At 6-foot-4 and 260 pounds, Hilliard Davidson High School junior Jordan Weatherby doesn't look anything like a sprinter.

At 6-foot-4 and 260 pounds, Hilliard Davidson High School junior Jordan Weatherby doesn't look anything like a sprinter.

He gets a thrill every time he holds his own while competing in the 100 and 200 meters as an individual or as part of the Wildcats' 400 and 800 relays.

"It's fun because every week there are people who think I'm going to be slow because of my size, and then after we run they come up and tell me that they're shocked by how fast I am," Weatherby said. "I may be a foot taller and 100 pounds heavier than most of the guys I run against, but I'm faster or just as fast as a lot of them."

During Davidson's 120-16 victory over Worthington Kilbourne on April 12, Weatherby set personal records in both the 100 (11.7 seconds) and 200 (24.0).

Four days later, Weatherby anchored Davidson's 400 relay to an eighth-place finish (45.07) in the 16-team Dublin Coffman Track and Field Classic.

"Jordan is the biggest sprinter I've ever coached and he does a good job with it," Davidson boys coach Jim Smith said. "We're loaded with sprinters this year, but any other year he'd be our third sprinter. You don't want to get in his way when he's running. He almost ran into an official at an indoor meet, and if that official wouldn't have moved out of the way Jordan would have broken him in half."

Weatherby began sprinting and throwing the shot as a seventh-grader, but he quit the shot put as a freshman to focus on sprinting. He is back to competing in the shot put this season.

Last year in the OCC-Central Division meet, Weatherby ran the third leg of Davidson's 400 relay, which placed second (44.62) behind Thomas Worthington (43.41) to help the Wildcats score 136 points and edge Coffman (133) for their first league title since 2005.

Smith said the weightlifting Weatherby does for football nullifies the effect of the extra weight he carries. Weatherby can bench press 315 pounds and squat 400 pounds.

"Jordan carries his weight very well; he's just a big, powerful guy," Smith said. "He works out hard enough for football that he's the closest thing to being a trim 260- or 265-pound athlete as possible.

Weatherby resumed throwing the shot to help his team.

"I realized the shot put was a place where our team needed some help," Weatherby said. "My goal is to place in the top three in the shot put at our league meet to help my team win another OCC championship."

After winning the shot put with a distance of 40 feet, 7 1/2 inches against Kilbourne, Weatherby placed ninth in the Coffman Classic with a personal-record 43-7 1/4.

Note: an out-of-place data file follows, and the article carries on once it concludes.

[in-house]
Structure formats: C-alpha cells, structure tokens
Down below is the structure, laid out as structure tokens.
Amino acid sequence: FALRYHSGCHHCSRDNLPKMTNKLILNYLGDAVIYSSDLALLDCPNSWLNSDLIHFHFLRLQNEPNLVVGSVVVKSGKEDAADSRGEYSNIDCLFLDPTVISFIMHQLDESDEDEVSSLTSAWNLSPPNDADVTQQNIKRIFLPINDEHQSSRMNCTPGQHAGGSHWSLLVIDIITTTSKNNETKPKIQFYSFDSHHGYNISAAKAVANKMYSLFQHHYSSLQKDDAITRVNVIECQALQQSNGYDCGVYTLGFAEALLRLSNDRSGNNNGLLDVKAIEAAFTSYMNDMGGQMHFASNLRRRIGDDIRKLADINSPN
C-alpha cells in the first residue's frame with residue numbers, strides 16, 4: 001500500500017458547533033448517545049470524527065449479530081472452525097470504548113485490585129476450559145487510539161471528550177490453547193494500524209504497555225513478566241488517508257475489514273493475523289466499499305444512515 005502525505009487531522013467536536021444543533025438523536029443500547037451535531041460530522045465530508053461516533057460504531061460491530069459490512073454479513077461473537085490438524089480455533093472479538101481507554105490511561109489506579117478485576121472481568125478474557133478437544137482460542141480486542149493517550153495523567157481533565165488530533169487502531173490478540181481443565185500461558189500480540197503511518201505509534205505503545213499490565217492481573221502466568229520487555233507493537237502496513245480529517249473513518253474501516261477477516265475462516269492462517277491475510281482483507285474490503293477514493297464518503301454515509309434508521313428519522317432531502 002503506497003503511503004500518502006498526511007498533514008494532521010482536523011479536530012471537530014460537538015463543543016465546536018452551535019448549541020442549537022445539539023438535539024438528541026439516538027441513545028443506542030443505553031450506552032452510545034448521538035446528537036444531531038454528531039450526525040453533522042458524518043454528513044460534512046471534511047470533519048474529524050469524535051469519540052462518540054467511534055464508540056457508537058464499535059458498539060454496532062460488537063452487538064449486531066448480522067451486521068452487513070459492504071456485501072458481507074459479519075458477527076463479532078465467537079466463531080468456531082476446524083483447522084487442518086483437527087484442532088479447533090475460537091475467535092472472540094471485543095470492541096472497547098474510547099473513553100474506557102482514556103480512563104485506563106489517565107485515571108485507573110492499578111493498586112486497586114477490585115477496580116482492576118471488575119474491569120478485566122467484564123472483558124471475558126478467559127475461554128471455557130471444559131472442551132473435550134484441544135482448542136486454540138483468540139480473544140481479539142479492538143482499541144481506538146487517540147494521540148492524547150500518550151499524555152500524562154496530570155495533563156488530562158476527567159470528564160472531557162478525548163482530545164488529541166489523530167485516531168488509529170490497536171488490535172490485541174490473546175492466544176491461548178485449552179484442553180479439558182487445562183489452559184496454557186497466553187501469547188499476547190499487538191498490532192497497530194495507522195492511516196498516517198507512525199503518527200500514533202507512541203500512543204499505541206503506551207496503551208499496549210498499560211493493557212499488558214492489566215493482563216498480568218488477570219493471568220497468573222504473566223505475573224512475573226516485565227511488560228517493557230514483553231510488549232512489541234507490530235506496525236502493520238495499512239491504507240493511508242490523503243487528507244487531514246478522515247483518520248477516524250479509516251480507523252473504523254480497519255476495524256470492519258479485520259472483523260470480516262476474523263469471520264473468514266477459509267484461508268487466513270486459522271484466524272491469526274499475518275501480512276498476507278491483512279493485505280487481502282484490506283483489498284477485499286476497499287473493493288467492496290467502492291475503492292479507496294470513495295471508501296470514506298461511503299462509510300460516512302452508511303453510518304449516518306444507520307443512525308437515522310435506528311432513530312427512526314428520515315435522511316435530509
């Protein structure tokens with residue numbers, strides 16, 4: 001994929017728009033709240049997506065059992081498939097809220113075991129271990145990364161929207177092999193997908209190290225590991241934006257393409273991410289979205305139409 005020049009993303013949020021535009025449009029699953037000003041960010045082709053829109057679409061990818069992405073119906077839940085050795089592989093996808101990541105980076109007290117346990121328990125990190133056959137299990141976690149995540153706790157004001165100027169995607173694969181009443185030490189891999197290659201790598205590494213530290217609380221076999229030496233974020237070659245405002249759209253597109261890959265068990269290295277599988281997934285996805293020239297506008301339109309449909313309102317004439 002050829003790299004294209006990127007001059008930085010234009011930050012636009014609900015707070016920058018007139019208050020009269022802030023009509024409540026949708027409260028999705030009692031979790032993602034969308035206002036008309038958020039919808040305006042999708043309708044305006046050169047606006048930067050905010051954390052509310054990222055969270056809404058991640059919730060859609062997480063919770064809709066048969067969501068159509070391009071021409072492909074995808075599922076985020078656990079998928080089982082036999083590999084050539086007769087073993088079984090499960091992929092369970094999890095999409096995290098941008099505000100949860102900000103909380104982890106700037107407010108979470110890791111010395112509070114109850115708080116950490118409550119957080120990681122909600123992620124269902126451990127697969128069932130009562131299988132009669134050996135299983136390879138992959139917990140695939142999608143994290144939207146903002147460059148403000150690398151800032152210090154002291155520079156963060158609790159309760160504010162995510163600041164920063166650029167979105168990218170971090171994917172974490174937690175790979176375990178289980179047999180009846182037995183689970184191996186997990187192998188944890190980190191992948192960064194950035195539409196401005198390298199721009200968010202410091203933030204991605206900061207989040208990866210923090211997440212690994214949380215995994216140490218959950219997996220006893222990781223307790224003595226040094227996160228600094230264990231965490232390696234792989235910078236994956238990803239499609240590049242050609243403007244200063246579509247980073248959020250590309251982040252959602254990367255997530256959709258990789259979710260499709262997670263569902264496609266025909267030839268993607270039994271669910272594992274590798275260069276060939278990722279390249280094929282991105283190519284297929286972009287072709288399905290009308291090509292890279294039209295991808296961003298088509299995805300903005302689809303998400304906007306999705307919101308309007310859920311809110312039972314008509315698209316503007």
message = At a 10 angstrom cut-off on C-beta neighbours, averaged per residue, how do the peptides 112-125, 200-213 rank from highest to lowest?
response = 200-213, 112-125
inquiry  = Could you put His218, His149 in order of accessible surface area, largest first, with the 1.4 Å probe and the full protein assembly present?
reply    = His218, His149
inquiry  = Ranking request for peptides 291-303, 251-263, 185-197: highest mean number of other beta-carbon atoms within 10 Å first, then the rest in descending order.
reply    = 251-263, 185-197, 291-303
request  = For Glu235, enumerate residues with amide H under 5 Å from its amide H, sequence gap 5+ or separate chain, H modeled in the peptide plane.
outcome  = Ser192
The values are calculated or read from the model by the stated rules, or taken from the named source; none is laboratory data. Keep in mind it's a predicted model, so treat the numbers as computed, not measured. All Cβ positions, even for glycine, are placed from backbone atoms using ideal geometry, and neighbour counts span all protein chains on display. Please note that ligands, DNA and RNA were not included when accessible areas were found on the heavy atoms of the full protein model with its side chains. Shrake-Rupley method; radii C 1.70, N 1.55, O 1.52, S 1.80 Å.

"Jordan is still learning to do the shot put, but he keeps getting better each week," Smith said. "He's still using his muscle up top, but once he learns to use his legs he's going to go over 50 feet because he's got the strength and speed to throw that far."

One perk of throwing the shot paid dividends for Weatherby in the Freedom Relays at Olentangy Liberty on April 21 when each team's shot put and discus throwers were invited to compete in a pizza box relay for fun. Weatherby had a 5-meter lead when he was handed the pizza box as the anchor leg, and he ended up beating the rest of the field by 30 or more meters.

As a reward, Davidson's relay received a free pizza.

"When Jordan was running against other guys his size, it looked like he was shot out of a cannon toward the finish line," Smith said.

Weatherby also takes his studies seriously - he has a 3.7 GPA - and his combination of speed and intelligence helped him become the only non-senior to earn a starting position on the offensive line for Davidson's football team last fall. With Weatherby at right tackle, the Wildcats went 13-1 and won OCC-Central and Division I, Region 3 titles.

Weatherby's ability to flatten defensive players earned him the nickname "Mr. Pancake" and gained the attention of several Division I college football recruiters.

"The strength I have from football helps me in track, and the speed I have from track helps me in football," Weatherby said. "My speed helps me get to the next level to block linebackers."

Although Weatherby already has received calls and letters from several college coaches, he is most interested in schools that have strong academic reputations such as Harvard and Brown.

After following in the footsteps of his father, Scott, and older brother, Dustin, by playing high school football, Weatherby is planning to follow his mother Lynn's career path by working in the medical field.

Lynn Weatherby is a disease coordinator in gastrointestinal oncology at the Arthur G. James Cancer Hospital.

"My father taught me everything I knew about football when I was younger, and my mother has influenced me academically," Weatherby said. "I want to major in biology so I can go to medical school and become an orthopedic surgeon and work in sports medicine."